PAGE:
Norwegian Cruise Line adds lifeguards amid mounting industry pressure

Norwegian is adding lifeguards to the four largest cruise ships this summer.

(Norwegian Cruise Line)

After a number of very well-known drowning or near-drowning incidents on board the mega-cruise ships, Norwegian will be the world’s third largest cruise line adding lifeguards are ships.

On Wednesday, the Miami-based company has announced that it will be lifeguarding staff to the four largest ships– Norwegian Escape, Norwegian Getaway, Norwegian Breakaway and Norwegian Epic– this summer. The cruise line expects that the entire Norwegian fleet of 15 ships to be manned with lifeguards within the first three months of 2018.

“Norwegian has stationed pool monitors on our largest ships since 2015 and we are now taking further steps to ensure the safety of our youngest guests, with the addition of certified lifeguards on our fleet,” Andy Stuart, president and CEO of Norwegian said in a statement.

“While the parents are always the first line of supervision when it comes to safety on the water, we felt it was important to these added measures on our fleet.”


Norwegian follows in the footsteps of the Disney Cruise Line was the first in the industry to add lifeguards are ships in October 2013 after a very well-known near drowning incident. In March, Royal Caribbean announced that it had started staffing ships with lifeguards and expects the roll-out complete by June.

Previously, Norwegian had pool monitors—crew members not trained in the traditional life of the energy saving measures– monitoring the swimming pools and water features on ships. Going forward, all of the lifeguards on board cruise line ships will be trained and certified by the American Red Cross, and monitor family pools during opening hours.

The move is considered a step in the right direction by parenting groups, but many wonder why the industry is so slow to the mandate of the lifeguard staffing.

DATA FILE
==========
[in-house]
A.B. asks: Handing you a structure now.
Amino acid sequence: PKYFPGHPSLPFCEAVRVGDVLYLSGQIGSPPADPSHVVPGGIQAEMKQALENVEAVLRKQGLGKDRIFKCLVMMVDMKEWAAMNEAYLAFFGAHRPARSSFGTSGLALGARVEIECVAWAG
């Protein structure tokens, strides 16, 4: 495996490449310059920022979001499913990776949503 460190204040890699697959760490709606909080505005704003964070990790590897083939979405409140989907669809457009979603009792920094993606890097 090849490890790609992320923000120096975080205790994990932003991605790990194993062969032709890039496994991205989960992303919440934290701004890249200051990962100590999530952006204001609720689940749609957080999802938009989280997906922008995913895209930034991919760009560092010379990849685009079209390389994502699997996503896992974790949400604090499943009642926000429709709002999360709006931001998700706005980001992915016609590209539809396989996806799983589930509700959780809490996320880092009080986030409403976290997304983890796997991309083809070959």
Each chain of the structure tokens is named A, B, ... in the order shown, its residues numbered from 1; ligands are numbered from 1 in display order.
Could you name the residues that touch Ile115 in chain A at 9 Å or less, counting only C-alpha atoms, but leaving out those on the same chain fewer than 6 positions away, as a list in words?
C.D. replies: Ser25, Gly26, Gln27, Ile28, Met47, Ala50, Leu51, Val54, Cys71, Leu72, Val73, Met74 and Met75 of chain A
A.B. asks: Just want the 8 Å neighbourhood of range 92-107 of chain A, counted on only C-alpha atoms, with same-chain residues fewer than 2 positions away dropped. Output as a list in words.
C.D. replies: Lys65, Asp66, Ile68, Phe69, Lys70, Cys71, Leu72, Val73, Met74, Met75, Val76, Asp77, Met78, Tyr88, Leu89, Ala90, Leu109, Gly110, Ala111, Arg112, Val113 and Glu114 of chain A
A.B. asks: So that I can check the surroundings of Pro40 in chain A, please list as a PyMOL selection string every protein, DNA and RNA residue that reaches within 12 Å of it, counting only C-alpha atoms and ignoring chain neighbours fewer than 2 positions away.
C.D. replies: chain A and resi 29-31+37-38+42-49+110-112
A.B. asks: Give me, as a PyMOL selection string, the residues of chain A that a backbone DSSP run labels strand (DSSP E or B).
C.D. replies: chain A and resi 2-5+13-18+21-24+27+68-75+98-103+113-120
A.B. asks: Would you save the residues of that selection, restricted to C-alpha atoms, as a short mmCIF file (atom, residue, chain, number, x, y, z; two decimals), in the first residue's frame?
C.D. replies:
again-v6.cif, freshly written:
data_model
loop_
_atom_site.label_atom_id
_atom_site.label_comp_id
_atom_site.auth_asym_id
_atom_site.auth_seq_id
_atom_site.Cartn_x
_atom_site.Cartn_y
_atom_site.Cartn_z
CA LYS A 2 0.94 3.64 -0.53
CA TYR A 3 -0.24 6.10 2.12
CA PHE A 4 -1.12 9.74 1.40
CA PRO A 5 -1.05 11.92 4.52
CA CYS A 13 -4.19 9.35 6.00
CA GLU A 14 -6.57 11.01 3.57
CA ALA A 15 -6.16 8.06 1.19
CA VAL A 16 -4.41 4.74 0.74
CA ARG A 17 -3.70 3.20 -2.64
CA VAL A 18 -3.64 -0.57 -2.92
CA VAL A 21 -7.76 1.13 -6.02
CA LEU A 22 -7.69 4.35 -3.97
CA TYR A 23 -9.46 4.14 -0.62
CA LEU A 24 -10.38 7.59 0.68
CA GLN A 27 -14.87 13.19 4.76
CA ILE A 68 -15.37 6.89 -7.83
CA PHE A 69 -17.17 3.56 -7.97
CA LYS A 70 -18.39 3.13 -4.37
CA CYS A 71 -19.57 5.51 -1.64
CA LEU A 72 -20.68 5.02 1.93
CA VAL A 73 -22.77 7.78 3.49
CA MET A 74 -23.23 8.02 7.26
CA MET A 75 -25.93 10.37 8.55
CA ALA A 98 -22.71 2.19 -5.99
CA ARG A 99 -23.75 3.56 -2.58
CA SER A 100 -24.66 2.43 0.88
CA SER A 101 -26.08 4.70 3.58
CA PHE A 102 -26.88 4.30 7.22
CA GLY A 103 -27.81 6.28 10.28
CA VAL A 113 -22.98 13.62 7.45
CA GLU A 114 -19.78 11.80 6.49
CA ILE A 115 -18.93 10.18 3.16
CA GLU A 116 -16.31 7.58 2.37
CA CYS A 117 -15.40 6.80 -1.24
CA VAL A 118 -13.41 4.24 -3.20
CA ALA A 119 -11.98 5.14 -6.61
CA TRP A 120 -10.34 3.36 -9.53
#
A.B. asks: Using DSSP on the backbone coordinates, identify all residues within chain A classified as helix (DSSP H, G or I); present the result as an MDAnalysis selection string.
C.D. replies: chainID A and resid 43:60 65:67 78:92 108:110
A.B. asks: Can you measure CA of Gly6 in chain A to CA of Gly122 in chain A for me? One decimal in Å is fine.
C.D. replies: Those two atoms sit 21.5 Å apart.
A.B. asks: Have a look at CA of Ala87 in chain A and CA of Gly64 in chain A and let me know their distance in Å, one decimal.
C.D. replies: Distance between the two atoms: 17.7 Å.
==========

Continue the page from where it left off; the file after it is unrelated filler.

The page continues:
“In my opinion, it is because of the financial analyses do not add up for the cruise line,” maritime lawyer Michael Winkleman told Fox News.

In 2015, Winkleman, the company represented four families who lost or nearly lost children to drowning-related incidents on board cruise ships. He took the Death on the High Seas Act as a major reason for the lack of action of cruise lines to implement change.

“[The] cruise lines had no reason to spend money on the lifeguards when there was no real threat to their bottom line.”


But now the times are changing, according to the lawyer, as a father of two young children, says that it has become a personal mission to cruise lines safer. With Disney, Royal Caribbean and now Norwegian on board, Winkleman has set his sights on the next goal: Carnival Cruise Lines.

“Our company and our customers will continue to do what we can to make the public aware of the fact that Carnival is now the outlier in the cruise industry and still refuses to lifeguards on the ships,” said the lawyer.

“I think that this will soon change as the families on a cruise pick-RCCL or NCL over Carnival because their children are safer.”

Eventually, the lawyer hopes that the Death on the High Seas Act to be repealed, but recognises that “realistically that is an even more uphill battle than the force of the cruise lines put lifeguards on their ships.”

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